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Meet Designer: Charlie Gedeon

Charlie Gedeon

I help ambitious teams realize their vision by asking questions, conducting research, and creating digital prototypes.

My job title?

Product designer and Co-founder

What is your typical "day in the life of a designer"?

Until recently I was often the only designer in a team. I'd work directly with the founders to build the first version of a product. Most of my day is spent communicating. People think design is about sitting around moving pixels, but I've found over and over that it's mostly communication. Whether it’s asking hard questions, getting feedback on the designs, coordinating with developers, or jumping in with marketing, there’s always someone that needs their concerns addressed or their ideas heard.

Design principles you live by?

1. Context is king.

2. Always seek inspiration but don’t make it your bible.

3. Communicate frequently and clearly.

4. Feedback from a colleague says more about them than the work.

5. There’s no innovation without getting weird.

What problem can't you stop thinking about?

Isolation and teenage suicide. All else is for nought if our youth feels hopeless and people feel alone. There are stats that show only one in two people in the North America can say they have one close friend. Imagine that! Half of the population can’t think of a single close friend. It makes me incredibly sad… Especially when you consider that loneliness is shown to be worse than smoking for your health. It’s no wonder we see the rise of magical thinking and cult-like behaviour. Everyone is just searching for meaning in a world that moves too fast for anyone to stop and genuinely ask “how are you?”

What’s the best advice you’ve ever received?

Advice is very contextual so, it depends… Ha! A designer’s favourite two words. I recently learned from a therapist that I say “should” too much. Her reason for why that may be a negative thing is because I'm holding myself to ideals that may not be my own. At first I didn't believe it, so I went back and read my journals and it is very true. Now I try to think of what I really mean when I say should. Do I want to do something but dread the perceived effort? I.e. working out. Or am I doing something to fulfill someone else’s vision of what’s right? I.e. when to settle down.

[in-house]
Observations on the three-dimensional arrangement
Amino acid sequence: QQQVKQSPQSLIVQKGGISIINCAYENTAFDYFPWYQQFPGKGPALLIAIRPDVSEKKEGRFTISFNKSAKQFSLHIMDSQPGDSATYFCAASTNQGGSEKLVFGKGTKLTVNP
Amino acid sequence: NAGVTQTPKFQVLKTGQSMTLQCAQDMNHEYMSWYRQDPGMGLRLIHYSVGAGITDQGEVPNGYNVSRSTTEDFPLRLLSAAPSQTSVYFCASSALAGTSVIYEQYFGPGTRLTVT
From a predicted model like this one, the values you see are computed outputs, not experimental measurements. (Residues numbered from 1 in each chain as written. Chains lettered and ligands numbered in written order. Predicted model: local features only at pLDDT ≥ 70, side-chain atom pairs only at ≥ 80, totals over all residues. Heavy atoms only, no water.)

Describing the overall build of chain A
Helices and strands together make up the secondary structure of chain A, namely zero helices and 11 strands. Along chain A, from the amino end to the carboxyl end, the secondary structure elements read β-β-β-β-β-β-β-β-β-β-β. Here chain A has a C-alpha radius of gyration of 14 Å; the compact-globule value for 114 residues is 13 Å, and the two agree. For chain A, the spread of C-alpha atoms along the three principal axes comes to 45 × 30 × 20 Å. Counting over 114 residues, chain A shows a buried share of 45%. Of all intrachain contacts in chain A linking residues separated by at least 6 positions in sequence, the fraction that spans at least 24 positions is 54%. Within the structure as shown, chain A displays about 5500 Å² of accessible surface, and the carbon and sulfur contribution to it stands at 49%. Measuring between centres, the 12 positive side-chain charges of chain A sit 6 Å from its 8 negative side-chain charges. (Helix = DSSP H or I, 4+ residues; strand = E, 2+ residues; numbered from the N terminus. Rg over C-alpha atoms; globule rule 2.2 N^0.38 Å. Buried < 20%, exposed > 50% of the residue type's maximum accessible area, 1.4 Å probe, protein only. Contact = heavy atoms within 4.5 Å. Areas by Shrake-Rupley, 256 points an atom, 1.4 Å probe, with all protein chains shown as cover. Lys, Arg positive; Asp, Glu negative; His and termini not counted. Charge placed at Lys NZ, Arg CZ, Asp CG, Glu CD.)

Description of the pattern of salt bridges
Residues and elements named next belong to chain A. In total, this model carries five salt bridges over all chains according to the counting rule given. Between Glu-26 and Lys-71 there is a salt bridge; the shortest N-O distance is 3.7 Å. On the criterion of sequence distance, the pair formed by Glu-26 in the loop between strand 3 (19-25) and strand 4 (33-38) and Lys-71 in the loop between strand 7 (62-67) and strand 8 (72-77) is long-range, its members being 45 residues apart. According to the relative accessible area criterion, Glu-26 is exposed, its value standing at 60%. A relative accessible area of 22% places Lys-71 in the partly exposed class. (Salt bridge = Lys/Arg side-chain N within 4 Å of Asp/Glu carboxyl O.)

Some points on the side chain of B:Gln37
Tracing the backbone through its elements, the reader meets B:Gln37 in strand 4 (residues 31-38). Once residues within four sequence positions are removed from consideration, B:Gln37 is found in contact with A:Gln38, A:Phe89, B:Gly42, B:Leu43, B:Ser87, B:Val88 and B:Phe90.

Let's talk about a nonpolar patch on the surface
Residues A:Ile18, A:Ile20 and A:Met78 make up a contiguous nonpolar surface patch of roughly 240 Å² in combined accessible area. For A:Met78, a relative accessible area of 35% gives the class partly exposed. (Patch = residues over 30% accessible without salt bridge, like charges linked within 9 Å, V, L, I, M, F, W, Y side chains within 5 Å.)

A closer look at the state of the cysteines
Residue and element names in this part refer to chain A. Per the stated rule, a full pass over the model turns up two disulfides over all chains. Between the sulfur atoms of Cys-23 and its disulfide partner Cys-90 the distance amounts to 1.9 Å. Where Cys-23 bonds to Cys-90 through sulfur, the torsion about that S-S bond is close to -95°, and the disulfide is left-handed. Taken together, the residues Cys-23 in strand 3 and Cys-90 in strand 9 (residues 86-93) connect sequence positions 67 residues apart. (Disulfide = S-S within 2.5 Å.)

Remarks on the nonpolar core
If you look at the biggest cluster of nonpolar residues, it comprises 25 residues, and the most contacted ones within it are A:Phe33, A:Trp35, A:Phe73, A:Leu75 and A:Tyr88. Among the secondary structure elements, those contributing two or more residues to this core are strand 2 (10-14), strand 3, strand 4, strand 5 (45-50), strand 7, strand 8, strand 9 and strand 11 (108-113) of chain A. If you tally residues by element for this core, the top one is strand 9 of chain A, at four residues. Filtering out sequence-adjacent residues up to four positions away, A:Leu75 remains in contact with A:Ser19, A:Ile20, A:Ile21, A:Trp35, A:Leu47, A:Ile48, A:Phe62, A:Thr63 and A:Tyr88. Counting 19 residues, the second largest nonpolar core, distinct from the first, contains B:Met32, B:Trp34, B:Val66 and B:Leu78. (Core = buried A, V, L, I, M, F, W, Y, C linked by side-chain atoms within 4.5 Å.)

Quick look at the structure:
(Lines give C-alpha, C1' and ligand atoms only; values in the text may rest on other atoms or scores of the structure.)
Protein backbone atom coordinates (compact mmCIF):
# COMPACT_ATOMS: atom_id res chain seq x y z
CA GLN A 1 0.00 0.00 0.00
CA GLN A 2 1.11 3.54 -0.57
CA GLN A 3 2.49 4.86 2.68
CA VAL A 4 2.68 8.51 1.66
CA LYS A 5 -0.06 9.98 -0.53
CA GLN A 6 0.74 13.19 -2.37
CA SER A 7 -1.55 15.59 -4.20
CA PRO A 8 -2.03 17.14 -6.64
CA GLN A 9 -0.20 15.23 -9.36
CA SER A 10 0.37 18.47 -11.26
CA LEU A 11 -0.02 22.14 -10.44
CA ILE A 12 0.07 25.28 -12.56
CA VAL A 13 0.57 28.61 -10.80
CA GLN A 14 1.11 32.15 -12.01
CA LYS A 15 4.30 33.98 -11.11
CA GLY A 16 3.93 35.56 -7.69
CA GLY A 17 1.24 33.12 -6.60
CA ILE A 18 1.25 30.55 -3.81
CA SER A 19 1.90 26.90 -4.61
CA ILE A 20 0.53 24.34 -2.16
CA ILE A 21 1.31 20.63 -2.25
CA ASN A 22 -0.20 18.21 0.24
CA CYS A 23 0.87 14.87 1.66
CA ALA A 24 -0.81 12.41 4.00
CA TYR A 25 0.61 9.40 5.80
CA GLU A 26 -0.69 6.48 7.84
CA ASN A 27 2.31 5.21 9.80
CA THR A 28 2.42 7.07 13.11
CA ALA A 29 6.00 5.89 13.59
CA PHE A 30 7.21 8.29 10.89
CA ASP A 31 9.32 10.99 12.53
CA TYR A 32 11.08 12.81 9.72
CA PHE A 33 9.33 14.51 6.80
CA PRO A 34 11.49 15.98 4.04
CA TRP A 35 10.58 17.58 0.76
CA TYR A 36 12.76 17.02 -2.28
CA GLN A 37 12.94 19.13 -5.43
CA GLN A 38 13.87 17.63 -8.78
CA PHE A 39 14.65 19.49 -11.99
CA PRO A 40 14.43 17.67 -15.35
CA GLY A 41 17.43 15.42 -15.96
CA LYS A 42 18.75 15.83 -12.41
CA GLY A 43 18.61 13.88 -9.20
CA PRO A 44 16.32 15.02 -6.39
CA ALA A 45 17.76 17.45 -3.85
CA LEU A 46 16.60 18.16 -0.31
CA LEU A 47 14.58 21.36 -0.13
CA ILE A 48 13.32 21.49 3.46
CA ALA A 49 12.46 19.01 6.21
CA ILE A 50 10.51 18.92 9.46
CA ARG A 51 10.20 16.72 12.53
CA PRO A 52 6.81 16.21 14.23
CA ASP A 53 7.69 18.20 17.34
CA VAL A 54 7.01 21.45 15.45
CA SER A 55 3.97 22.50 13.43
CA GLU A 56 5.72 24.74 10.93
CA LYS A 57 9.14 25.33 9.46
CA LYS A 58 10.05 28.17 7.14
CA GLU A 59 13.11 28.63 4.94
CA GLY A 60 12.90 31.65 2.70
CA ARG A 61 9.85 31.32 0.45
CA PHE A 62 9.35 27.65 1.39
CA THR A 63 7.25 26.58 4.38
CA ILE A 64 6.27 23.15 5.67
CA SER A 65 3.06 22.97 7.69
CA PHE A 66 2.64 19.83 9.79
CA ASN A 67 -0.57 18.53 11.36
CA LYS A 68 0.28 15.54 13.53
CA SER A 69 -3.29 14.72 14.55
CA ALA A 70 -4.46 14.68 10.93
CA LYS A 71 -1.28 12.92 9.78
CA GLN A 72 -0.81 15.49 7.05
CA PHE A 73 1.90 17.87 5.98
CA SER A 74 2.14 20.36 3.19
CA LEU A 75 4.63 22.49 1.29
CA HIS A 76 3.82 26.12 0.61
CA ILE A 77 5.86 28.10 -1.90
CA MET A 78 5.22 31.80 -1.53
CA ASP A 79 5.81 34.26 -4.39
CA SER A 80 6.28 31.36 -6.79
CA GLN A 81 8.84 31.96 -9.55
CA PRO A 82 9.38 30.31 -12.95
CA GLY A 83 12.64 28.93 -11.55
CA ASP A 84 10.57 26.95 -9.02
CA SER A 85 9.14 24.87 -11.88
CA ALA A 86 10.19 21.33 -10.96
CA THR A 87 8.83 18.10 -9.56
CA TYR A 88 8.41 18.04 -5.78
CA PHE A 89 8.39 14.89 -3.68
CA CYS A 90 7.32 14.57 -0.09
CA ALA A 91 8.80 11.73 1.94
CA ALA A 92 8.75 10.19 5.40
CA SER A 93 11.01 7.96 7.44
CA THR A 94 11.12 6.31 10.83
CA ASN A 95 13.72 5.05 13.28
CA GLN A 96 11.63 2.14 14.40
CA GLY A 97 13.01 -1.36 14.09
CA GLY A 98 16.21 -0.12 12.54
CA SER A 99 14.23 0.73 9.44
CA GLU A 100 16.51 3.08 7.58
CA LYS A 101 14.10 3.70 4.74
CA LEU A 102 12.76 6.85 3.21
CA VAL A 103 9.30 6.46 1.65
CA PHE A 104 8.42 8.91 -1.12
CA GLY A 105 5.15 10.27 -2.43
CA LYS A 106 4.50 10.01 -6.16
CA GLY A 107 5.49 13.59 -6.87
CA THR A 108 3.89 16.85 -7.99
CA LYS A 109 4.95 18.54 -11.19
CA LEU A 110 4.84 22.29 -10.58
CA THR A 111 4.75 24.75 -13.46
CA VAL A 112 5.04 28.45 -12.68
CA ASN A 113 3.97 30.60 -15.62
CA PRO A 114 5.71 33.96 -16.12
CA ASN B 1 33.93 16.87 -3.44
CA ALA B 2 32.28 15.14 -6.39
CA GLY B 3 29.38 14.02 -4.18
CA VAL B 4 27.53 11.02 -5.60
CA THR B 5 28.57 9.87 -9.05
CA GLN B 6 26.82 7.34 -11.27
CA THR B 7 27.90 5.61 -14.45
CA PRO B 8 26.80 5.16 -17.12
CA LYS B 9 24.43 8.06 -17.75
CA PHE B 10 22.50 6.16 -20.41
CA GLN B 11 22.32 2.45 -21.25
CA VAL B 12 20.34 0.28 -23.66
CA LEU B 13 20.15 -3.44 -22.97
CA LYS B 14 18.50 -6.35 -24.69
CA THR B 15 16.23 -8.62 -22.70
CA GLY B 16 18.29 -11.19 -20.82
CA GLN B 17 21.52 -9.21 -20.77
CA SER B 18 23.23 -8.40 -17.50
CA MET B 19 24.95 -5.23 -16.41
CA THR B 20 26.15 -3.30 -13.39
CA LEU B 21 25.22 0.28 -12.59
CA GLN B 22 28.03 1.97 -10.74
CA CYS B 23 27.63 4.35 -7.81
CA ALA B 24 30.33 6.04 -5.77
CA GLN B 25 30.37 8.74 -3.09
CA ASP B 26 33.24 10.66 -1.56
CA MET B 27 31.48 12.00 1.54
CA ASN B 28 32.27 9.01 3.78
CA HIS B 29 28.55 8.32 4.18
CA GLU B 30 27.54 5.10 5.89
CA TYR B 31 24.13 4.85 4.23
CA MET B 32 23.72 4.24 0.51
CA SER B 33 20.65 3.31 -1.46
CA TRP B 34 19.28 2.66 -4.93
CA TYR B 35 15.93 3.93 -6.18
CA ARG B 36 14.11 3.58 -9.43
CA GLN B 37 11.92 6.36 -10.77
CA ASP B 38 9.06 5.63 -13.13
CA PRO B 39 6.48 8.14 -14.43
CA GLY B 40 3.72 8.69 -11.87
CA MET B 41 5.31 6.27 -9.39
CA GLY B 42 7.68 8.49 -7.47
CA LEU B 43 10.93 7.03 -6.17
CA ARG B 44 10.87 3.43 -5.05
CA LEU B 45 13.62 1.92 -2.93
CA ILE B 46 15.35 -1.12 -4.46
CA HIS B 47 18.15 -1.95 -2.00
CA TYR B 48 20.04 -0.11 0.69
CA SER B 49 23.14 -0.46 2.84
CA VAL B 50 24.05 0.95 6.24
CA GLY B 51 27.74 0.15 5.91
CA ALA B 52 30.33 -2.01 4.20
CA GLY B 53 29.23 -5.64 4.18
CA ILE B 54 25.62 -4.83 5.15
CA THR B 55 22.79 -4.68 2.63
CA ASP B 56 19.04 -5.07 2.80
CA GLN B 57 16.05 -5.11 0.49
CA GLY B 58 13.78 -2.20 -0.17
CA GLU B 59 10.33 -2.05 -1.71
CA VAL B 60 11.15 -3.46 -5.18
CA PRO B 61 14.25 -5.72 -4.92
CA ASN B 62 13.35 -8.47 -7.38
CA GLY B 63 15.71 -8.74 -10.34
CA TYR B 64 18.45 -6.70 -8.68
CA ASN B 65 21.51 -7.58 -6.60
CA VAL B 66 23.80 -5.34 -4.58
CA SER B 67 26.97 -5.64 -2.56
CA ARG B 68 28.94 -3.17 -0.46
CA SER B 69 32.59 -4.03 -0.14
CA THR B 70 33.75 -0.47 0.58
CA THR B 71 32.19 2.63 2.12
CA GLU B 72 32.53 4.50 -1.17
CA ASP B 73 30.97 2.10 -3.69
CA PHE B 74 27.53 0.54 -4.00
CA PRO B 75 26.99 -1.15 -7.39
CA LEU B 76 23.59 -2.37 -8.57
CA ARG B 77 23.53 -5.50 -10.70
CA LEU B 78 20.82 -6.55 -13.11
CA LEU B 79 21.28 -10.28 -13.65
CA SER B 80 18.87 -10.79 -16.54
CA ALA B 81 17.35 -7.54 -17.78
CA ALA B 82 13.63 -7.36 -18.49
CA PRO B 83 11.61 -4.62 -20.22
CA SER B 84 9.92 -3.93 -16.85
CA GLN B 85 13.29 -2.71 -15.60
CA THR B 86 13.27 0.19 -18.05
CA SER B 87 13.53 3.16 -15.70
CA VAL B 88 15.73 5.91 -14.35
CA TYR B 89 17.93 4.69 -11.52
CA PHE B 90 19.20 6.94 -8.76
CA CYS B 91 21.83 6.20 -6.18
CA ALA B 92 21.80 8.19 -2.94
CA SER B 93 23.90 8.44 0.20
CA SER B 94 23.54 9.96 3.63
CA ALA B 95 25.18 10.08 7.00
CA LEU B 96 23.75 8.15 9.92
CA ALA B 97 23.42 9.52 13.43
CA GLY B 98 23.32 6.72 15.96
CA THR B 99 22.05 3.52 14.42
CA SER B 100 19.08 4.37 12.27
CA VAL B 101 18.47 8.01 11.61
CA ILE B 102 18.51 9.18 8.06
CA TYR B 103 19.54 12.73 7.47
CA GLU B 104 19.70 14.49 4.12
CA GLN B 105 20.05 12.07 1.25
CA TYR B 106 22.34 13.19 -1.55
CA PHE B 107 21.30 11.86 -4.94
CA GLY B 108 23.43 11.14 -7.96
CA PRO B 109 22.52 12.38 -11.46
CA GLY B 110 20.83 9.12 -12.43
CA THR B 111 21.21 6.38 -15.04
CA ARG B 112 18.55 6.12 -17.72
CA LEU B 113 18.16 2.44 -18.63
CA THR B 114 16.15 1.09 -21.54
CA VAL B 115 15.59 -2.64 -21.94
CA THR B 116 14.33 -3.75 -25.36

When is "Design done wrong"?

Most design has gone wrong even when it’s worthy of praise. Design is a field that has an inherent conflict at its core. We are trained to create solutions in a world that has too much stuff and too little attention. Anything we make comes at the cost of creating trash (hardware) or draining more attention (software). Unfortunately I don’t have coherent solutions to what can be done about any of it.

What skill do you wish you picked up really early on?

Patience. To this day I struggle with waiting for results from my efforts. The world rewards consistent effort over long periods of time, and so without patience there is little room for meaningful rewards.

Design tools you can’t live without? (Physical and/or digital)

Digitally, Figma and Alfred are life changing. The first because it revolutionized collaboration in our field. The second because of much time it saves me searching for files.

Physically, I can’t help but have a nice pen and Japanese paper nearby to scribble on.

Books you highly recommend for anyone pursuing a career in design?

Figure It Out by Stephen P. Anderson is phenomenal.

(Design is the perfect marriage between curiosity and craft, and this book is one of the rare ones that focuses on psychology that is applicable to designers.)

Engaged by Amy Bucher

The Design of Everyday Things by Don Norman (Too cliche?)

Two Designer friends you admire and we should talk to!

The first person that comes to mind is my business partner, Allan MacDonald. Beyond UX/UI, he's an incredible illustrator and has a knack for making any conversation feel at once heartfelt and weird.

The second is Sena Partal. She's able to ask the perfect question at any given moment and perceive nuances in behaviour invisible to anyone else.

Where and What did you study?


Interaction Design Programme

Copenhagen Institute of Interaction Design. Denmark

Unofficially: Photoshop forums during middle school.

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